Controlled Preparation of Interconnected 3D Hierarchical Porous Carbons from Bacterial Cellulose-based Composite Monoliths for Supercapacitors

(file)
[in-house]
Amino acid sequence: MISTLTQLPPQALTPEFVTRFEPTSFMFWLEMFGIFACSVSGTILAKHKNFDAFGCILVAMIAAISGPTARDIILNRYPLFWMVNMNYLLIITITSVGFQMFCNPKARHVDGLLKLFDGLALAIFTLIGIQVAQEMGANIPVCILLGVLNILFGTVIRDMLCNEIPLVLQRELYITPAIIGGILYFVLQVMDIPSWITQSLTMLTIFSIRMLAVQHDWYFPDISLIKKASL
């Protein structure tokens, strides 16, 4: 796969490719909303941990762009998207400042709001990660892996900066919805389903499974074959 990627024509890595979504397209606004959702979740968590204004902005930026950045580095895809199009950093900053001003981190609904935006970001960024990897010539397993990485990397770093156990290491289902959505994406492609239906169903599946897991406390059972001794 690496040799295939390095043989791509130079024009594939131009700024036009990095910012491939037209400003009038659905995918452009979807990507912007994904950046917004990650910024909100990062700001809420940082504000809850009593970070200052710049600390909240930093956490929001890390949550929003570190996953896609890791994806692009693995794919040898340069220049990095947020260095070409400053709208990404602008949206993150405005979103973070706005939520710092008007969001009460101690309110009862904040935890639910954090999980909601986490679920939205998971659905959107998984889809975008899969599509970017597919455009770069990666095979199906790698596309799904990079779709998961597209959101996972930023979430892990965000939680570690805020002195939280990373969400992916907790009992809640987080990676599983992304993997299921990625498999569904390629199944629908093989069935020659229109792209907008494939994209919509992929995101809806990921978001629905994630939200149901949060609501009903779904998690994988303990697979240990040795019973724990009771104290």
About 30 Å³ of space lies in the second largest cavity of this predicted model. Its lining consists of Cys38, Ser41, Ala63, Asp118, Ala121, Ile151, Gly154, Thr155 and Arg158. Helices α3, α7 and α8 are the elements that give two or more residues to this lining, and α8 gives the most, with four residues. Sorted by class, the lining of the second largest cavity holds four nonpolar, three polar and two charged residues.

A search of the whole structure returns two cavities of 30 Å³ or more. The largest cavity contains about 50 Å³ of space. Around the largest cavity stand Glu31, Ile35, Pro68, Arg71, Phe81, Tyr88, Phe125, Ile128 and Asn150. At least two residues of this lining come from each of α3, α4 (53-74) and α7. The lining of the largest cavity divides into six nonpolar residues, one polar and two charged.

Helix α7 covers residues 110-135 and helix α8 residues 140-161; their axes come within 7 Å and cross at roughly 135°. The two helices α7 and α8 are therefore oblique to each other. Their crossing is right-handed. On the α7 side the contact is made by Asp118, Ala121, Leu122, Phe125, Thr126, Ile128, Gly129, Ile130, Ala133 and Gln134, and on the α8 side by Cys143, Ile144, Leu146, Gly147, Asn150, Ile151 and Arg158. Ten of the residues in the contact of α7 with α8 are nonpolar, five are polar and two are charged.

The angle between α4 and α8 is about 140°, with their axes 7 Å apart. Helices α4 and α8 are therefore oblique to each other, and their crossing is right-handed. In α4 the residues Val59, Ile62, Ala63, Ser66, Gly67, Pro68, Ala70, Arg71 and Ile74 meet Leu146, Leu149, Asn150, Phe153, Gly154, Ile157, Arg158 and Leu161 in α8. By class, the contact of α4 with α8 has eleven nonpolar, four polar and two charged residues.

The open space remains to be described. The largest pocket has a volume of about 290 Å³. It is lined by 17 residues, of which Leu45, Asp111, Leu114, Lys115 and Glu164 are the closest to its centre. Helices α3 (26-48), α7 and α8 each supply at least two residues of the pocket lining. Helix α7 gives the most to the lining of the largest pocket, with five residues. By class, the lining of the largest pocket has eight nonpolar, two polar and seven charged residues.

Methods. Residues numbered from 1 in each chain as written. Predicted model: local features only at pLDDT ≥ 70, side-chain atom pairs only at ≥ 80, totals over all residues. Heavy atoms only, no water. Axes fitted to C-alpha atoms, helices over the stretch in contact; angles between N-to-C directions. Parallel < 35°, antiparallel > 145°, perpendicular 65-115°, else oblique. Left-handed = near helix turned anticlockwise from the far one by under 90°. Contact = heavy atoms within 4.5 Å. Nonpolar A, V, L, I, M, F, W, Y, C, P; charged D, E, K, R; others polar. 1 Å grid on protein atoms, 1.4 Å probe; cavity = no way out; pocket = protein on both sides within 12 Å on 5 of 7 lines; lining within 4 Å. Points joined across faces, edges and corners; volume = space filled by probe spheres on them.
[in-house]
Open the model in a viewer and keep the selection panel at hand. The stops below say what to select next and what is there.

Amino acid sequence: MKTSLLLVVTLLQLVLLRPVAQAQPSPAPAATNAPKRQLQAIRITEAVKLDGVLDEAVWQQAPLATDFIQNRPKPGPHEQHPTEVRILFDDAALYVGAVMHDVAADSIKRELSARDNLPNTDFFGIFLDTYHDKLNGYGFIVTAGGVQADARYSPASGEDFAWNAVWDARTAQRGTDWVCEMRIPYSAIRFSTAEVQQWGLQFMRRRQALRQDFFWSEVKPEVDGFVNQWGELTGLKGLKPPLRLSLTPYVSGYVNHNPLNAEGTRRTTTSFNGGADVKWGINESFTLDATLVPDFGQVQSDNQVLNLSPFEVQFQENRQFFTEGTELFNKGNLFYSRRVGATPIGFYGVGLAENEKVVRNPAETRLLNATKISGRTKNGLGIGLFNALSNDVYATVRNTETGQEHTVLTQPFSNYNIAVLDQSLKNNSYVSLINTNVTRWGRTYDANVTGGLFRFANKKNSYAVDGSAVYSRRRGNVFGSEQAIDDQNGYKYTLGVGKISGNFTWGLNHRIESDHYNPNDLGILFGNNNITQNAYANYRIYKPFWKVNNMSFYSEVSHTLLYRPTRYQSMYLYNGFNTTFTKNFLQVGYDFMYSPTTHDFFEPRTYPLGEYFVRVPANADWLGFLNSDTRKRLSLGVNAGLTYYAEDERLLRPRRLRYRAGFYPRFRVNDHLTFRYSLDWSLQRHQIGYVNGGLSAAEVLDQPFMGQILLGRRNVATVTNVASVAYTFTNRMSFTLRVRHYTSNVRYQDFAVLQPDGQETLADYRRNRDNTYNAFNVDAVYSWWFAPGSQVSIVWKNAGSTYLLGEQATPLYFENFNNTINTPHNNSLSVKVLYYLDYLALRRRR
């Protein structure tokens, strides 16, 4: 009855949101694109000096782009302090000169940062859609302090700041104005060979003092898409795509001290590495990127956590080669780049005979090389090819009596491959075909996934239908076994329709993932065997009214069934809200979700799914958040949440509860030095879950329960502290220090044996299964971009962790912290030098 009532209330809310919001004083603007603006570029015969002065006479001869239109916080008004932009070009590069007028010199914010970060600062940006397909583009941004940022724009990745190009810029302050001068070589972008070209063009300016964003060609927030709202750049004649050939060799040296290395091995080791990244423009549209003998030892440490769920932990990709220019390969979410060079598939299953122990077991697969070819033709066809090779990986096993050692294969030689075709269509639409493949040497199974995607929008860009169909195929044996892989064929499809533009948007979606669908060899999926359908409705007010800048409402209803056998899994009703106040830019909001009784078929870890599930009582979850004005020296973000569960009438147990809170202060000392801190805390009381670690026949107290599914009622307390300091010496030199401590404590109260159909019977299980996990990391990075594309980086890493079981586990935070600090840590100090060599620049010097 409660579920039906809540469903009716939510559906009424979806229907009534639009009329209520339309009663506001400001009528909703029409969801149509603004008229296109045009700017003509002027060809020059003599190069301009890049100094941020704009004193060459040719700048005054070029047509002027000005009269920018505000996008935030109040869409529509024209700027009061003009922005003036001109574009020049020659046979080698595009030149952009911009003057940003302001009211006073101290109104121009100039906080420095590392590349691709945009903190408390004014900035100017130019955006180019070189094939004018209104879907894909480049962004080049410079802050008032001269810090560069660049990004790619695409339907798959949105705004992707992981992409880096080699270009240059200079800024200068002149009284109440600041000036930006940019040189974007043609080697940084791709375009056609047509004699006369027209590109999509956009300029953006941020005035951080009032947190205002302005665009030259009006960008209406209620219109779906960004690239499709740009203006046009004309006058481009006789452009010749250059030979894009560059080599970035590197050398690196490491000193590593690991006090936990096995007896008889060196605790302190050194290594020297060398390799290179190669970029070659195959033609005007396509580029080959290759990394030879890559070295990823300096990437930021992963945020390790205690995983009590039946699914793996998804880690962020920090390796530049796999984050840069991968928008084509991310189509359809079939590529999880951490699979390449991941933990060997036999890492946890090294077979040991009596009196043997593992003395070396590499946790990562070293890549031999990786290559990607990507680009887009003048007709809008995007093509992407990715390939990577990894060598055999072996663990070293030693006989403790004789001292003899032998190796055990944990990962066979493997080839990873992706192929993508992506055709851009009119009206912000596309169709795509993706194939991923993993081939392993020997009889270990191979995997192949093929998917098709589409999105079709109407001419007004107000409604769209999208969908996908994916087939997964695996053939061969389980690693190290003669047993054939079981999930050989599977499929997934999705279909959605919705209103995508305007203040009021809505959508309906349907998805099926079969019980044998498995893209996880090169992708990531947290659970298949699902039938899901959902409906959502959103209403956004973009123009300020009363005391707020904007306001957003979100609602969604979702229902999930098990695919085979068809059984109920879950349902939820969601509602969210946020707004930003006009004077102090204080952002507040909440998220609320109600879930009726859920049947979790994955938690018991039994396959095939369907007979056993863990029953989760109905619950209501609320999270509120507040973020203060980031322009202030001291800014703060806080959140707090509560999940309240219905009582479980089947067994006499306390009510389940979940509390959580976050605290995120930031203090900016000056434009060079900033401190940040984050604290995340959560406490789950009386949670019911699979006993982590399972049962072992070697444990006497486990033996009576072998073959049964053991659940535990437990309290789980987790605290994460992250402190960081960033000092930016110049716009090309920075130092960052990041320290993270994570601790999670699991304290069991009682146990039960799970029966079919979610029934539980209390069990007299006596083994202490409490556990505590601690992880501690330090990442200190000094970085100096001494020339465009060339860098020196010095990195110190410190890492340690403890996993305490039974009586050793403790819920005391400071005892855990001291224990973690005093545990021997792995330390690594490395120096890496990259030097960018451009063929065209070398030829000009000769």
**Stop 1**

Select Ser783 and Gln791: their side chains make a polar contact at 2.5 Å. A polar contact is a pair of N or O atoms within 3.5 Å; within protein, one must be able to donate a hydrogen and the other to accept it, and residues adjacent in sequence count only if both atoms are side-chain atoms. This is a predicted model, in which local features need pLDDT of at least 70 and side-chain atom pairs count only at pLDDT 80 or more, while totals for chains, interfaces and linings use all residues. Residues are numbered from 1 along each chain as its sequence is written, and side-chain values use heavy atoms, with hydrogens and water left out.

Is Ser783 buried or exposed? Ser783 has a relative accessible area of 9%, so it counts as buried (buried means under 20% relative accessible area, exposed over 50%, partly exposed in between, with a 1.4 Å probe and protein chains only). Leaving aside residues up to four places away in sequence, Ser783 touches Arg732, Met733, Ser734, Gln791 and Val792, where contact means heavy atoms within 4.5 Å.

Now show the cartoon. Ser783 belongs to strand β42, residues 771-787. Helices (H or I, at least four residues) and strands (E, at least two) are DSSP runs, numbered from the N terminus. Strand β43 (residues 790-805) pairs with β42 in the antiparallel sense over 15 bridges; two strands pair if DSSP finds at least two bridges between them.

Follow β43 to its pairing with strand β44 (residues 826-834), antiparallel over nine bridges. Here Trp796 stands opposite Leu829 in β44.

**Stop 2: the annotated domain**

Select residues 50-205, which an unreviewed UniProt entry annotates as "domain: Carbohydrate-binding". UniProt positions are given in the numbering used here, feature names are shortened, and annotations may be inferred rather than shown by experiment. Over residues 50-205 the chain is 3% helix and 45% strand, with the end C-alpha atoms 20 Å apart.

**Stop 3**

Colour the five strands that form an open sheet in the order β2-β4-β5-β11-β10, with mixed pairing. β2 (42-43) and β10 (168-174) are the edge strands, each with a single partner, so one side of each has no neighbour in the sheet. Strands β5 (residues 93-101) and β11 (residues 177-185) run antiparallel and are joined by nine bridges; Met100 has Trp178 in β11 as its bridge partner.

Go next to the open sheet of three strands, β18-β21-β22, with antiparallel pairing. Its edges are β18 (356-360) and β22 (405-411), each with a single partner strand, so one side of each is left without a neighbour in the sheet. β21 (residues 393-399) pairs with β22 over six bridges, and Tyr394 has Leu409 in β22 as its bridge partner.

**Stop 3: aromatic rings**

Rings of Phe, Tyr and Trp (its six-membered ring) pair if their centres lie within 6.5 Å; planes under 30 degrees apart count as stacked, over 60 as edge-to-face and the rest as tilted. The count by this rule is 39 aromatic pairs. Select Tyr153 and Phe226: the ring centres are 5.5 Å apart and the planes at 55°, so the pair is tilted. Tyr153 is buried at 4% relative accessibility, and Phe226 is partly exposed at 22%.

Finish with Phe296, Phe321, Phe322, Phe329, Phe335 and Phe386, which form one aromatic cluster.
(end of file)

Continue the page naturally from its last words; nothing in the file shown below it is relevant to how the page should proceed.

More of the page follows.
The controlled design and synthesis of porous carbons with anticipated microstructures and morphologies, and high specific surface area (SSA) have been focused on supercapacitor development. Here, hierarchical porous carbons (HPCs) with interconnected three-dimensional morphology derived from a natural-based bacterial cellulose (BC) composite have been successfully prepared by thermally induced phase separation of poly(ethylene-co-vinyl alcohol) (EVOH) and subsequent carbonization/activation. The SSA and porous architectures can be controlled by fine-adjusting preparation conditions such as the precursor morphology and structure, activator dosage and activation temperature, and the relationships between the super-capacitive properties and the SSA and pore size distribution have been further investigated. The obtained porous carbon material possesses a hierarchical porous structure with moderate micropores, favorable mesopores, interconnected macropores, a high SSA of 2161 m2 g−1 and a maximum oxygen-dopant content of 9.99%, enabling increase in the active materials utilization efficiency and wettability. Due to the synergistic effects of these features, the obtained porous carbon electrode used in a supercapacitor shows a high speciﬁc capacitance of 420 F g−1 at 0.5 A g−1, excellent rate performance with 75% capacitance retention at 20 A g−1, and good cycle stability with ∼96.1% retention even after 10,000 continuous charge-discharge cycles at 5 A g−1. Additionally, the assembled supercapacitor based on the porous carbon displays a moderate energy density of 20 W h kg−1. The good electrochemical performance and facile effective synthesis of bio-derived carbon materials with tunable porous structures indicate promising applications in supercapacitors.